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10 albums that changed Dennis Dunaway's life

Dennis Dunaway, founding bass player for the Alice Cooper Group, helped usher in Shock Rock and brought theatrics to the forefront of rock music in the 1970’s. These are the albums that changed his life.
Dennis Dunaway. Photo courtesy Dennis Dunaway

Dennis Dunaway. Photo courtesy Dennis Dunaway

By Jeb Wright

Dennis Dunaway, founding bass player for the Alice Cooper Group, helped usher in Shock Rock and brought theatrics to the forefront of rock music in the 1970’s. He, along with Alice Cooper and original band members Glen Buxton, Michael Bruce and Neil Smith, have been nominated for a spot in the 2010 class of inductees into the Rock N Roll Hall of Fame. While it is too early to tell if they will make the ballot, one thing is certain, they deserve the honor. Below Dennis shares the albums that changed his life.


West Side Story Movie Soundtrack:
Music by Leonard Bernstein, lyrics by Stephen Sondheim

At ages 14 and 15, Alice and I skipped over the sappy girl songs but those incredibly complex rhythms and the finger-snapping street savvy attitude inspired us to buy white tennis shoes and search in vein for purple T-shirts.


The Freewheelin’ Bob Dylan:
Bob Dylan

As old high school buddies, Alice and I thought we were incredibly hip. But when our art teacher made us listen to this album, even though we laughed at the froggy voice, the dead seriousness of most of the lyrics made us realize that our art teacher was way hipper than us. Soon after that, we met Dylan’s parents at the local Mall.


Introducing… The Beatles:
The Beatles

It was like there was an explosion and the Beatles became all that mattered. Just the sound of their recordings had an unexplainable mystic about them. From the ripping scream in “I Saw Her Standing There” to the farewell pleas on “Anna” and especially the guttural vocal performance on “Twist And Shout,” overnight, the Beatles became all that mattered.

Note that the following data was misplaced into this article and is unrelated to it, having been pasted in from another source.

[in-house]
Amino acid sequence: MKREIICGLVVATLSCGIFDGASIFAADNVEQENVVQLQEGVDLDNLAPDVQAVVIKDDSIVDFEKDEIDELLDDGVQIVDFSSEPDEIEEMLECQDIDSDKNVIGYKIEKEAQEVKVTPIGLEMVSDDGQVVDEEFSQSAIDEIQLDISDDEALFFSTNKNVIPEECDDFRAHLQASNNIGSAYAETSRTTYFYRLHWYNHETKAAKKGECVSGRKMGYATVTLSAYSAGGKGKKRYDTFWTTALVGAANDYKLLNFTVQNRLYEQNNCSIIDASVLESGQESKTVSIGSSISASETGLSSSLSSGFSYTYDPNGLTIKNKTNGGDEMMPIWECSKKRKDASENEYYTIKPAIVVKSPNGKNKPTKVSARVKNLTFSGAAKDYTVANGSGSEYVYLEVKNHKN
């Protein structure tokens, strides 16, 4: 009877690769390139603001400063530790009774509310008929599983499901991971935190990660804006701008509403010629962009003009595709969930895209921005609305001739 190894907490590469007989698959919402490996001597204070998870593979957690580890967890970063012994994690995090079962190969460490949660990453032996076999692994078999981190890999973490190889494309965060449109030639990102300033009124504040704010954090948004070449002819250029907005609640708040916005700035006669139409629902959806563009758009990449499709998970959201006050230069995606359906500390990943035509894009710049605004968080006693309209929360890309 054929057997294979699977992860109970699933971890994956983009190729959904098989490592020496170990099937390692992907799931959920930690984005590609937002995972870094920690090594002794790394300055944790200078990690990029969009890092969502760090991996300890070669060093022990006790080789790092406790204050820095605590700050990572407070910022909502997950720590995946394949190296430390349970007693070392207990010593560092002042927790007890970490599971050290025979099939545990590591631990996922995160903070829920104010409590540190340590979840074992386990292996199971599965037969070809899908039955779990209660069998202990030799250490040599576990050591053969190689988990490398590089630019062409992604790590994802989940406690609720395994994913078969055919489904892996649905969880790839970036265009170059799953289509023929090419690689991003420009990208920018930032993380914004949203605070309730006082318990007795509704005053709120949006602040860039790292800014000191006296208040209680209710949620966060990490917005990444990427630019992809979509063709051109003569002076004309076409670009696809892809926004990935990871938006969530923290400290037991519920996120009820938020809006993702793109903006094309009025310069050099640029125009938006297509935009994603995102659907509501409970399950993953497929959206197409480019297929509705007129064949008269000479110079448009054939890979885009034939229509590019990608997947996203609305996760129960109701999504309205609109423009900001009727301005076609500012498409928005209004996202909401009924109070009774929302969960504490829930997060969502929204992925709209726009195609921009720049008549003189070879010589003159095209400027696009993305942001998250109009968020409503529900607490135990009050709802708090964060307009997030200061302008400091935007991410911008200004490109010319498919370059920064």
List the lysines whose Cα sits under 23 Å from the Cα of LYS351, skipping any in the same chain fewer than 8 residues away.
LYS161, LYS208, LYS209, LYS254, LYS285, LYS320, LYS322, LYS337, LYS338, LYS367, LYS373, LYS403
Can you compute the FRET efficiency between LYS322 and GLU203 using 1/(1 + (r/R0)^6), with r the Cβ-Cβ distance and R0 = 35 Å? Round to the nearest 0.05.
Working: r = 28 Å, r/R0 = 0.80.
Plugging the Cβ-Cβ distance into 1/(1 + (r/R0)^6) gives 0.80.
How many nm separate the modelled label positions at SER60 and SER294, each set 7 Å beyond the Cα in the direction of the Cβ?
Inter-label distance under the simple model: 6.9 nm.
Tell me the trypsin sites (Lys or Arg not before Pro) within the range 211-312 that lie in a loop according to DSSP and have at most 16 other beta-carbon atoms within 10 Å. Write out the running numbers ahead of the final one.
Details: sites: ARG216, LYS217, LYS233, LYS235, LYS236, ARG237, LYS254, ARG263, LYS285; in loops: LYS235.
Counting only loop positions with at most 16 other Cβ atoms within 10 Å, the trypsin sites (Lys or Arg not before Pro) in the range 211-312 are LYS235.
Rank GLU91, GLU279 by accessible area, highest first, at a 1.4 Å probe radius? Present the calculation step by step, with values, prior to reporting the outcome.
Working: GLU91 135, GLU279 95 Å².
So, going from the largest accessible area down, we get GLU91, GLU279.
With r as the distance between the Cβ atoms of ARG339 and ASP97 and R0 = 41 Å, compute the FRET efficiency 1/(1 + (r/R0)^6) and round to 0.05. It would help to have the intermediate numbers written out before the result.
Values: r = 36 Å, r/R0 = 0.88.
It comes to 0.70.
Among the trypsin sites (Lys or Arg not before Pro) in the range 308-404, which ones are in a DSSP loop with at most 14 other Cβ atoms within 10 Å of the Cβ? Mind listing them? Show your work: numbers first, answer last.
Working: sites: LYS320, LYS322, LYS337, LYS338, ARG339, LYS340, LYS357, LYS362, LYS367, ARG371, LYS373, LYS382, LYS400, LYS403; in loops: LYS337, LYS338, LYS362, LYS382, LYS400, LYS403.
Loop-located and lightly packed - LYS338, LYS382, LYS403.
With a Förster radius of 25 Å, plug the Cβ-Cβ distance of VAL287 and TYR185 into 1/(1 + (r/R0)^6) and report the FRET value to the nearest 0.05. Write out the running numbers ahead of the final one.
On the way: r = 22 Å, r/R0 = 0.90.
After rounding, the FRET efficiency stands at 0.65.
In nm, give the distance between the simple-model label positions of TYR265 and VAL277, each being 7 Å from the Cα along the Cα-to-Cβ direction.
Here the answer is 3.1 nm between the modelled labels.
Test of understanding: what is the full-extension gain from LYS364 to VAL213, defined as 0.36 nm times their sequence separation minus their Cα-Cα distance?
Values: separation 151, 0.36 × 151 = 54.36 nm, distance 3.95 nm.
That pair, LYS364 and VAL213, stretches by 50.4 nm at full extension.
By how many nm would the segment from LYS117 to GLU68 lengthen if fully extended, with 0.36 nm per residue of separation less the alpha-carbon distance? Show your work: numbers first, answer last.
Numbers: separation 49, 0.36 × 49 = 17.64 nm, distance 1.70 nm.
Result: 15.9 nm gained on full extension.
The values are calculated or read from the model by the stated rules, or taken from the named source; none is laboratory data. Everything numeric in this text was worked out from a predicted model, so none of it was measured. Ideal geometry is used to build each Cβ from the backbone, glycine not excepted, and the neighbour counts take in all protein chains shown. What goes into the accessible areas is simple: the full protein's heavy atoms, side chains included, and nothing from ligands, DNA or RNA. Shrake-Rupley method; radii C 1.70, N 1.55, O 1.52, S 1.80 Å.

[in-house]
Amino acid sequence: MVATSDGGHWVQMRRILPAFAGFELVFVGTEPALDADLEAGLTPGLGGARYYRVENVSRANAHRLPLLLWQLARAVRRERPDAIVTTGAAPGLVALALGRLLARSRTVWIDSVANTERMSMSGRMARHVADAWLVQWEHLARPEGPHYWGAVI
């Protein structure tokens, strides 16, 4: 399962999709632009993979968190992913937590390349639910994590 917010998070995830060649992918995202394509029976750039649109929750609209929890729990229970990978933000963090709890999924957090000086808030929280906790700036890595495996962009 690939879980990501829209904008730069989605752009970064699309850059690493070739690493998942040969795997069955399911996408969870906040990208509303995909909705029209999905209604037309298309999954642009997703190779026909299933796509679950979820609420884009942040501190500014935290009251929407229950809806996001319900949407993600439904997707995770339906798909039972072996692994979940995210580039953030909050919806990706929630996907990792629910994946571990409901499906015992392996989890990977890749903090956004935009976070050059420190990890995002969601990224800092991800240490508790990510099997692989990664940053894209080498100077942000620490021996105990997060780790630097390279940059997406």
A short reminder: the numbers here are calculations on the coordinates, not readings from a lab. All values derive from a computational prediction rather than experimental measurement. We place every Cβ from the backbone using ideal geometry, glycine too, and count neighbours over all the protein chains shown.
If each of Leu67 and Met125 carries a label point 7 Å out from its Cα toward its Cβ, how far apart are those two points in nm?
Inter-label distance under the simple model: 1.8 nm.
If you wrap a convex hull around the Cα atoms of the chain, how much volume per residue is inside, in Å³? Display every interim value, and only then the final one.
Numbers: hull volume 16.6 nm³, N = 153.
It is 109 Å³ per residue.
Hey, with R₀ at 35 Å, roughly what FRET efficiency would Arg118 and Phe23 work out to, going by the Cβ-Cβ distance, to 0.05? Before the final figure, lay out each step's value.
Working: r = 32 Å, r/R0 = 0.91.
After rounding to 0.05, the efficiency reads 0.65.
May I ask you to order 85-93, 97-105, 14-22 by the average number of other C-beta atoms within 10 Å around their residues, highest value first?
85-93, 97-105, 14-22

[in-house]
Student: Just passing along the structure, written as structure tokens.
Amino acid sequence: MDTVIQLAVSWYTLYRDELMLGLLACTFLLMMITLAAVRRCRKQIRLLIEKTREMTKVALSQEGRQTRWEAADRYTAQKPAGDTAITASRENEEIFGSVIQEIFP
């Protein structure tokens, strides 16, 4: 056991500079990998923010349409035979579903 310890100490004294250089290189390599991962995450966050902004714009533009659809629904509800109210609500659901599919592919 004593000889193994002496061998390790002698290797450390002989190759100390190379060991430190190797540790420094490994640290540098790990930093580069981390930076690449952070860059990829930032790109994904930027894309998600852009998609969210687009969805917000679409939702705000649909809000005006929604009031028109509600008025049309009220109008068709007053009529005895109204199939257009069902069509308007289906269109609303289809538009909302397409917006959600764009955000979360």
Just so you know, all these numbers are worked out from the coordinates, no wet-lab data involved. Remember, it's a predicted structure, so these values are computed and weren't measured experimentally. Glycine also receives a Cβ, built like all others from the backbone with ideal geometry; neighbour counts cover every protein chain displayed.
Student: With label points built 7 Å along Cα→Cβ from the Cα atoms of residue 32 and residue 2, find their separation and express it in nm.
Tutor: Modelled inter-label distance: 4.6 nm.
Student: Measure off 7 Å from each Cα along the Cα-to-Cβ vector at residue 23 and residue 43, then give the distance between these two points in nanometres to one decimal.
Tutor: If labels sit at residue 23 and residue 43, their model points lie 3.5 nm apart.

England’s Newest Hit Makers/The Rolling Stones:
The Rolling Stones

I was working on my grandfather’s farm in Oregon to earn enough money to buy my first bass. I walked past a record store window in Eugene and saw a picture of a band on a 45 r.p.m. single called “It’s All Over Now.” I thought it was the ugliest band I had ever seen. It was hard not to buy it, but I had to save my money. It didn’t matter though because the Stones had won me over anyway. When I got back to Phoenix, Glen Buxton helped me pick out an Airline bass. I had enough money to buy the Rolling Stones album, so we went to Glen’s house and he started teaching me all the notes and patterns from every song on the album (plus “It’s All Over Now.”) And so, with Glen’s help, I learned how to play rhythm and blues rooted bass parts from Bill Wyman’s recordings.


The Who Sings My Generation:
The Who

It was all about excitement in the crashing tone of that guitar, and the explosive power of the bass and drums, and the charismatic singer that had to work hard just to hold his own on a stage that seemed like a rock and roll battleground.
I had seen them on television and my parents complained about why they would break perfectly good equipment. But like every teenager, I knew why. And I loved it. All that imagery came through on the album.


For Your Love:
The Yardbirds

Paul Samwell-Smith made me realize that I could take my own bass parts to the moon. Without ever meeting him, he set me on my own lifetime musical adventure.


Sgt. Pepper’s Lonely Hearts Club Band:
The Beatles

Suddenly the world was in color. How could this be the same band of only four years prior? Our generation was swept away in their evolution. There was something important happening on this album and we weren’t sure what it was, but it lured us into believing that it was something to figure out and to follow.


Piper At The Gates Of Dawn:
Pink Floyd

The Alice Cooper group had a kindred feeling toward the experimental nature of this album. It was as if we were exploring outer space and ran into someone else.


Are You Experienced?:
Jimi Hendrix Experience

The Alice Cooper Group was dirt-poor living in Watts during the torch-burning tensions of the equal rights movement. We put this album on our crappy turntable and it ripped the roof off the house.


The Doors:
The Doors

We were opening two shows for the Doors so I hastily listened to the album and was unimpressed. After watching them give two riveting live performances, I gave the record another listen. It pulled me in. It was the perfect soundtrack for Los Angeles.

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